“On my honor, I will do my best, to do my duty, …”
The Scout Oath. You’ve said it a hundred times at meetings. You promise to do your duty to God, your country, and yourself, to obey the Scout Law, to help other people, and to keep yourself physically strong, mentally awake, and morally straight.
Sometimes when we don’t act according to the Scout Oath or Law, someone will remind us that we’ve promised to act in a certain way, and we are obligated to carry out that promise. But can we be obligated to do something when we don’t make a promise?
Sure can. It happened about 3,000 years ago, and is described in this week’s parasha, Nitzavim.
The parsha begins by Moses gathering the people together. It’s the day before he dies. He says “You are standing today, all of you, before the Lord, your God.” He goes on to describe everyone who is gathered there – the heads of tribes, elders, officers, men, children, women, those who have converted and the people who draw water and chop wood. With everyone together, he has the people reaffirm their covenant with God – that the Jews will be God’s people, and will be rewarded with a good life in Israel. If they go astray and begin to believe that the good things they enjoy are due to their own work, and not God, and wander to idol worship, they will be cursed by being removed from the Land of Israel.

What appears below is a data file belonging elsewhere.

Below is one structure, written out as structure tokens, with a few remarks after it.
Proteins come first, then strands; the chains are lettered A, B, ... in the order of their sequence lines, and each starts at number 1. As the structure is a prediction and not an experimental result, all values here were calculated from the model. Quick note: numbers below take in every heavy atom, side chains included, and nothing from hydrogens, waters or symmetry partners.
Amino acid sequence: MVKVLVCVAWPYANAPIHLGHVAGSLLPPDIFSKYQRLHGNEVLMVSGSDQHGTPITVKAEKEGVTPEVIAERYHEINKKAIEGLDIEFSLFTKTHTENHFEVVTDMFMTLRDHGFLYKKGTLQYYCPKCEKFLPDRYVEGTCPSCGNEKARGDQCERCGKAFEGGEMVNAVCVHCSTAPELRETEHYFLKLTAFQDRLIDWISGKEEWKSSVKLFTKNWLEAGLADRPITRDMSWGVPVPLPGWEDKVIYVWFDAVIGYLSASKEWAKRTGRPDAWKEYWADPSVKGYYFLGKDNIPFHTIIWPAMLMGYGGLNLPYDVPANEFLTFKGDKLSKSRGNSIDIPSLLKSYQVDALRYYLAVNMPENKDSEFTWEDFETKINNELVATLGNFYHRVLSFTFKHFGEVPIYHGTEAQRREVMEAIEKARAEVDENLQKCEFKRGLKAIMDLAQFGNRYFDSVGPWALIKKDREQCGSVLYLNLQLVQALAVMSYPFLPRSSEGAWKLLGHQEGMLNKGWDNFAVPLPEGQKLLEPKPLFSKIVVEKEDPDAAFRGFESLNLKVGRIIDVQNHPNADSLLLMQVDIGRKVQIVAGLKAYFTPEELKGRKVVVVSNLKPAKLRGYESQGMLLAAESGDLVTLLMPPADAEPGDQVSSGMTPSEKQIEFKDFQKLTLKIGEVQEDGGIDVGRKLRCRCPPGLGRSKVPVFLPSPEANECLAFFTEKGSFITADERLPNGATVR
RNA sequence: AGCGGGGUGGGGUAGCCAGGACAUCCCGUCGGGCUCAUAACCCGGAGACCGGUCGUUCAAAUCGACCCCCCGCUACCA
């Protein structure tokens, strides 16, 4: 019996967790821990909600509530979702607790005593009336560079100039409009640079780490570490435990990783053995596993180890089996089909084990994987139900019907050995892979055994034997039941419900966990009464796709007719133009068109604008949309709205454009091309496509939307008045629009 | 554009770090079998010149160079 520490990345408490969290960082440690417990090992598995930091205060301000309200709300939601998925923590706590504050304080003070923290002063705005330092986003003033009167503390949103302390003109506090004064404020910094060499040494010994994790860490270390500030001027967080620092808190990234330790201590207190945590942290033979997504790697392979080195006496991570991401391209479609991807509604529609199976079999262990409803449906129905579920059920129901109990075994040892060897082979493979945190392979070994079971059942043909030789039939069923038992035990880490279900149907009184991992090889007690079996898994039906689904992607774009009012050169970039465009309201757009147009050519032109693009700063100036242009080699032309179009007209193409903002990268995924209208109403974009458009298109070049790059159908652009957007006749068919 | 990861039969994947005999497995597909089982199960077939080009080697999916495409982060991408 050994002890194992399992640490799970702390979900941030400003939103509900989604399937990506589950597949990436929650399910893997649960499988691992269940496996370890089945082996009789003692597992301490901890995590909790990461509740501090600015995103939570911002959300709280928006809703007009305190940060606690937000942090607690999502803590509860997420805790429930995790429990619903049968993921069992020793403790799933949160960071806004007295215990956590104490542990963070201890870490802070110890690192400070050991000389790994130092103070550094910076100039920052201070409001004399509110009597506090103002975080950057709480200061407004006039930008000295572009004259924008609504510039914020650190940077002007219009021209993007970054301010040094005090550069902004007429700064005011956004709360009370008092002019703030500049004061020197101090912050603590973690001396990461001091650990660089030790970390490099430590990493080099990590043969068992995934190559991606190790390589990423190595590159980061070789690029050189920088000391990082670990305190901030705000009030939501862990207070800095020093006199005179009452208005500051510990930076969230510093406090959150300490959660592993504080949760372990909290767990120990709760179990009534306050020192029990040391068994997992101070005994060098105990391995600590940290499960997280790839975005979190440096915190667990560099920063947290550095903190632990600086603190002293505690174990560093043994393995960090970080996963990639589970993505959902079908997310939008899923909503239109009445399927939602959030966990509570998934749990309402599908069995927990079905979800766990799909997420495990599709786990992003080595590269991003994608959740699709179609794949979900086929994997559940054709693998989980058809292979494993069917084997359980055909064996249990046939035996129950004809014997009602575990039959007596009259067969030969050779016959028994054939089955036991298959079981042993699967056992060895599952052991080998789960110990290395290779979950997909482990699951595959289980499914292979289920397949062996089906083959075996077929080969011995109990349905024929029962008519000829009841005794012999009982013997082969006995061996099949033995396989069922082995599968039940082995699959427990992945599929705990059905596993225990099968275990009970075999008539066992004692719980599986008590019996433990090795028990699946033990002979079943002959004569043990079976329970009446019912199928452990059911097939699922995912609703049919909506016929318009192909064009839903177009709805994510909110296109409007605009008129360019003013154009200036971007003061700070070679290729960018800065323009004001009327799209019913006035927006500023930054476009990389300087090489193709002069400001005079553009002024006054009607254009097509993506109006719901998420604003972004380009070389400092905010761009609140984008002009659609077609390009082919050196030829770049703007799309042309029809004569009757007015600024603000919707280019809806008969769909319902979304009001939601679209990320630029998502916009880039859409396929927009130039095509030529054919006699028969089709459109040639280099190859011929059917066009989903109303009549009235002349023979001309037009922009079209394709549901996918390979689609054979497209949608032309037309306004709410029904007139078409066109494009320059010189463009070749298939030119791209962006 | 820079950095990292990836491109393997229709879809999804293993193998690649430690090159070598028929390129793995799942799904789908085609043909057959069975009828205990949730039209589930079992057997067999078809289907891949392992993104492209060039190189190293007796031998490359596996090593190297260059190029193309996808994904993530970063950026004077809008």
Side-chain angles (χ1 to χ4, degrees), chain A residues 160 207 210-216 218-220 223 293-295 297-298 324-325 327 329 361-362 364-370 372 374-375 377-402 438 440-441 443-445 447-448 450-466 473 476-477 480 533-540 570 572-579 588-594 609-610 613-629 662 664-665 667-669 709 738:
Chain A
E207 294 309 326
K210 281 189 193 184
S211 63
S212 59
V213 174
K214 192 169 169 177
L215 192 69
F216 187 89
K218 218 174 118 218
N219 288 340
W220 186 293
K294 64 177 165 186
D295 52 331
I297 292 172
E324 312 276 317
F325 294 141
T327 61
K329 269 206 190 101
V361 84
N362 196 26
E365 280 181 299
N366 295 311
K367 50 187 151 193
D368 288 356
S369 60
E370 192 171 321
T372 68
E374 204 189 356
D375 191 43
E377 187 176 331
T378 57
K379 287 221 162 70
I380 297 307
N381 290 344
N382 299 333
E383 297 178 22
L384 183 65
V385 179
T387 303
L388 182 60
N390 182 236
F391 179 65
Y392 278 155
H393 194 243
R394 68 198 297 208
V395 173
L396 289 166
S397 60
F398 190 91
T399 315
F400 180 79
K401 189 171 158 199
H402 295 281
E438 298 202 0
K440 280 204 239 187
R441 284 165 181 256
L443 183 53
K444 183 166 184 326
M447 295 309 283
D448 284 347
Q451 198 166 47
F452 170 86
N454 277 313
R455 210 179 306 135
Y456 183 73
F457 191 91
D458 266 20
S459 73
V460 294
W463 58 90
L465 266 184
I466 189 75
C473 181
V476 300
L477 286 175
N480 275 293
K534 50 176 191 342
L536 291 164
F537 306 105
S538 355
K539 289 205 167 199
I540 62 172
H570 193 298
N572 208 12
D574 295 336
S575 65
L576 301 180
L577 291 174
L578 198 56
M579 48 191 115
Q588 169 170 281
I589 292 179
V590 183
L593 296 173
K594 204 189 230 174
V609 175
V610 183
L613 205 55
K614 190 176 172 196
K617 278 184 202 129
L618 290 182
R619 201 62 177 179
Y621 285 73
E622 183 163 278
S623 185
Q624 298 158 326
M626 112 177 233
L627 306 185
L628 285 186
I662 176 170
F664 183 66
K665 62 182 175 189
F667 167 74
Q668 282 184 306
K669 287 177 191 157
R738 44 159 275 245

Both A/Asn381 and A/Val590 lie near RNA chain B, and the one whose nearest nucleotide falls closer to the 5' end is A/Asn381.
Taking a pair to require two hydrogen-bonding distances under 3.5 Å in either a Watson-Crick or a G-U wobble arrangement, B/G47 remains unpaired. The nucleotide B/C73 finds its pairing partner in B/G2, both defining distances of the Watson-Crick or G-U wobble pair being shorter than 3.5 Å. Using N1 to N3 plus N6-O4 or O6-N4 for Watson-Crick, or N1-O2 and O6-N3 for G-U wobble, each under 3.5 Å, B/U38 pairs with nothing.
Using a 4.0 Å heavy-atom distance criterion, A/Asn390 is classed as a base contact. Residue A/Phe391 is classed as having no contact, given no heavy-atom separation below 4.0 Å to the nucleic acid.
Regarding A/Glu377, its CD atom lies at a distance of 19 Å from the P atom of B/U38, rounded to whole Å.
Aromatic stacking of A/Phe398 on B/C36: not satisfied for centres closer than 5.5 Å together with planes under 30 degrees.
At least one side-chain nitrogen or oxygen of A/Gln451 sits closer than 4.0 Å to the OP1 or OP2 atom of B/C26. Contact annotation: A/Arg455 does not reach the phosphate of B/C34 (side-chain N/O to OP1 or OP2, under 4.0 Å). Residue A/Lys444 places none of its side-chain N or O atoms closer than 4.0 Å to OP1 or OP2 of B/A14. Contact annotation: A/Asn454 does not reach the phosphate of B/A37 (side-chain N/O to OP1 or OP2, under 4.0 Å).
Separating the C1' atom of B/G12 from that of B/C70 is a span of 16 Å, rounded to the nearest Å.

Having brought together all the Children of Israel, from the most distinguished to the most humble, Moses then joins together those in front of him with those to come until the end of time: “Not with you alone do I seal this covenant and this curse, but with whomever is here, standing with us today before the Lord, our God, and with whomever is not here with us today.”
Moses ends by explaining that the Torah’s commandments are not far away: “It is not in heaven … Nor is it across the sea. … Rather the matter is very near to you – in your mouth and your heart – to perform it.”
So, our ancestors accepted this covenant for themselves and for us generations ago. Even today, the parents of Jewish baby boys reaffirm the covenant for their sons with a bris and make similar promises at the naming of a baby girl.
But it’s up to us – you and me – to carry out what our parents and grandparents for thousands of years have promised us to do.
Next week we will start the new year. This is a good time to think about what it means to be Jewish, and pick some things that will reaffirm the promise of the generations to live a Jewish life: Give charity, do acts of kindness, thank God for the good things you have, study the Torah portion.
After all, Moses had confidence – he said you could do it!